The pod’s front clamshell-door was nearly closed to prevent the engine radiator from getting too cold. The hydrogen gas diesel was thundering like a maniac having at a kettledrum. She warmed her hands on the mammoth engine as she inspected it; valve levers and heavy springs were in a blur of motion. There in the intake manifold for the supercharger was a glass bottle rigged with a blasting cap and a curious coil of wire. The clear liquid in the bottle was likely ether, just like the other ten similar devices she had discovered on some of the other engines. If even a small portion of the ether were to be ingested by the supercharger it would explosively disassemble. She carefully disengaged the device and made her way to the pod door.
Sparks flashed from the metal door jam as Jack slid it open. Then a finger-sized hole appeared in the aluminum door where her head would have been if she hadn’t instinctively pulled it back. A third shot broke the door’s view port. The droning roar of the engine and howling winds completely masked the report of the large caliber pistol, but Jack had all the evidence she needed that that was exactly what the bulky crewman was carrying as he slowly started to cross the gangway. There was no other way back, nor was there any place to hide and by his leisurely advance the sluggard was confident of these facts.
Jack took a quick inventory. She had a hurling line and her trusty large English Key, an adjustable spanner, that she could use in the styles of Japanese martial arts that Giles had forced her to take as his apprentice. Of the two, the spanner would be the most practical if the villain got close enough. That was unlikely by his cautious approach. She looked about to see if there was anything else to her advantage and saw the small winches that adjusted the tension of the trim control lines. She hadn’t reeled the line taunt yet!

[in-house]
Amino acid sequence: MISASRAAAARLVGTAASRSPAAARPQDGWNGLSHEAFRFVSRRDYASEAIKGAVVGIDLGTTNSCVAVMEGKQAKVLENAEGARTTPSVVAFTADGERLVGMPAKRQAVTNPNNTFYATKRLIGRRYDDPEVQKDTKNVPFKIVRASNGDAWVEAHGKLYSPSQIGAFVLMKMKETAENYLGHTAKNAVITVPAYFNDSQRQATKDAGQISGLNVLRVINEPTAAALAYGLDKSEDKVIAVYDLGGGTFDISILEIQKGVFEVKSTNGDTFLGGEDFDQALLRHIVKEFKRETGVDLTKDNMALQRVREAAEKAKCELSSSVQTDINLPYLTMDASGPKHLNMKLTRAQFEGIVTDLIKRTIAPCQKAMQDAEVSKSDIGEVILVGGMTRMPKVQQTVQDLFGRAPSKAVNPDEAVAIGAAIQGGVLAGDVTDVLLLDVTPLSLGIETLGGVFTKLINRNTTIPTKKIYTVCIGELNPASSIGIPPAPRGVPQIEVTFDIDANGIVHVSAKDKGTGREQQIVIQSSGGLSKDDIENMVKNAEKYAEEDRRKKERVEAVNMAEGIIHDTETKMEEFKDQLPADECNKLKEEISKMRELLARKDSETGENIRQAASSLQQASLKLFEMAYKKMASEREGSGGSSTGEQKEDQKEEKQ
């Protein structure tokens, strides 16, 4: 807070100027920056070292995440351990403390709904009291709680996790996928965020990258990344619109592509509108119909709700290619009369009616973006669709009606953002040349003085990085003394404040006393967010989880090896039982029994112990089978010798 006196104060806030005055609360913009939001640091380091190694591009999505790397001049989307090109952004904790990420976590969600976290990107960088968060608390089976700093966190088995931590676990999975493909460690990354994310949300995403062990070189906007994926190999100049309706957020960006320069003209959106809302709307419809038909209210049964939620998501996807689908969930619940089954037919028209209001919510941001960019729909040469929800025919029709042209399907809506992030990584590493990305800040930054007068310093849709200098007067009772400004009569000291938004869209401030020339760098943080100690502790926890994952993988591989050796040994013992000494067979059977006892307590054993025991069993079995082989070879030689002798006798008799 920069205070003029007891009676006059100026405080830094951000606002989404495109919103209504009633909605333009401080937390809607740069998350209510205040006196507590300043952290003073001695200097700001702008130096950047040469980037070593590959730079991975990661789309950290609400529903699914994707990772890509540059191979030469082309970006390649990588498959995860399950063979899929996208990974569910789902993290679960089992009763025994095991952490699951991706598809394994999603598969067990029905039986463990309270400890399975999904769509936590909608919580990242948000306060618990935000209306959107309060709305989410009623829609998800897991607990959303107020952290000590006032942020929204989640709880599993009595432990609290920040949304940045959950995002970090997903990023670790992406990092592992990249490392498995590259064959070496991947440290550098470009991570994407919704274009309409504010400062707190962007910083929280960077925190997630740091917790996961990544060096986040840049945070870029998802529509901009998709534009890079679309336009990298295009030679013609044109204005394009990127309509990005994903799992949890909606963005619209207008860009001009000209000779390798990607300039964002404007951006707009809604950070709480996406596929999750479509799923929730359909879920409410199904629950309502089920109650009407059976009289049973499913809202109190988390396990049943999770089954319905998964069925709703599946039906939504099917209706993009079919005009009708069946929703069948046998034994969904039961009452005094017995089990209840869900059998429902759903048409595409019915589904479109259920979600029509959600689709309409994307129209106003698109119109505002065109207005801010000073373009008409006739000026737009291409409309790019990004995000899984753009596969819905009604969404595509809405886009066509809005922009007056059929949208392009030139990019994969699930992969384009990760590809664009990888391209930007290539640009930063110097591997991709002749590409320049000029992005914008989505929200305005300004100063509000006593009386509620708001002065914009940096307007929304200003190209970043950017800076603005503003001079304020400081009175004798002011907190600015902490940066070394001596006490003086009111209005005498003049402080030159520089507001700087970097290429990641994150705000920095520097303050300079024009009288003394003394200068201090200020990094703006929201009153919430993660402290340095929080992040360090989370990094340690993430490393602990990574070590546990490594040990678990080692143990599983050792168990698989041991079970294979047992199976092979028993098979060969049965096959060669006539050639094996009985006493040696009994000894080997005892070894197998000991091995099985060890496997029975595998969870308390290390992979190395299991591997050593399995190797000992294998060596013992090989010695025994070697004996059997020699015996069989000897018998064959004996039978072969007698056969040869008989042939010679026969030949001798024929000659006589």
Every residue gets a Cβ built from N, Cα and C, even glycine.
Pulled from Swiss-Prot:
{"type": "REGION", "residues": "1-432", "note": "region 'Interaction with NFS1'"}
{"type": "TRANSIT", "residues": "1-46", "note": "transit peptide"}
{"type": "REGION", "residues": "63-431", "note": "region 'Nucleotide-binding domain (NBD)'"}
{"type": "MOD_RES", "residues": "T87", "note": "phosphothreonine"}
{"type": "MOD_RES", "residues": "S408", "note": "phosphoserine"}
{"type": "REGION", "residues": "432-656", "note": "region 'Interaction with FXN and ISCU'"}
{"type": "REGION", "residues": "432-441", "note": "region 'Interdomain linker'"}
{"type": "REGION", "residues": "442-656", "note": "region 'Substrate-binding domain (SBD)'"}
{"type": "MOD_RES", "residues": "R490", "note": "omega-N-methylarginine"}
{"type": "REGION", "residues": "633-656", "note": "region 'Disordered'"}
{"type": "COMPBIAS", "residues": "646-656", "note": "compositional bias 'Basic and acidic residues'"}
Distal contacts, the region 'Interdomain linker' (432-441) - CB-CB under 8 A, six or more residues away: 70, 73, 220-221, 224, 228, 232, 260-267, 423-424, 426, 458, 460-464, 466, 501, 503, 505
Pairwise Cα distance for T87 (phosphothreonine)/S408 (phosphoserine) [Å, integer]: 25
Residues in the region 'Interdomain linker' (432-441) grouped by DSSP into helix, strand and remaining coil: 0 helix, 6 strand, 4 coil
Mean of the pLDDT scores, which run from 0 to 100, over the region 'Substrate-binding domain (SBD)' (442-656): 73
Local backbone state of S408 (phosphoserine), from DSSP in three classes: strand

Jack stood at the controls and looked around the open hatch. The great bear of a man was straddling the line that was frozen to the gangway deck, but there was more and Jack smiled evilly. “Silly bastard,” she shouted knowing he couldn’t hear a word, “not putting on your safety line is a Captain’s Mast offense!” She hit the switch to tauten the trim lines.
The man on the gangway stopped his slow pace and raised his large revolver to take careful aim. The trim line broke free of its first frozen deck welds and the man stepped back in apparent realization of his peril. The remaining line broke free of the frozen tea and shot up with what must have been a resounding crack, unheard in a sea of noise. It lifted him into the air and he would have plunged into the sea far below to a merciful end if his foot had not been caught in the eye of the line’s splice. The eye closed as the line drew taut and the would-be-killer was slammed to deck, his leg twisted backwards.
Giles duLapel straightened his waistcoat and finger curled his square cut goatee as he waited. The door of the starboard grand suite opened to reveal a tall, square butler who wore his clothes like a military uniform. His angular face had the darting eyes of heightened situational awareness; his body had the vibrating muscle tone of a coiled snake. The bulge under his jacket telegraphed to a trained observer that he was armed with something short of a cannon. His eyes rested on Giles like two leaden weights. “May I help you… sir,” he croaked out visibly restraining himself from yelling.
“Yes,” said Giles leaning forward and whispering with a small smile, “I’m here to see Toria and Maud…”
“What!” There was no restraint in the butler’s volume this time. He grabbed the detective nearly lifting him from his feet and pulled him in. “How did you know who’s here,” he demanded in the same tones as a high inquisitor readying the thumbscrews.
“Winston, who is it,” said a statuesque woman rounding a corner. A black terrier puppy, maybe a year old, came skidding and clicking on the deck until its claws found purchase on an area carpet. It barked at the intruder following the “butler’s” lead. “Oh, you are the psychoanalyst companion of Miss Elster.”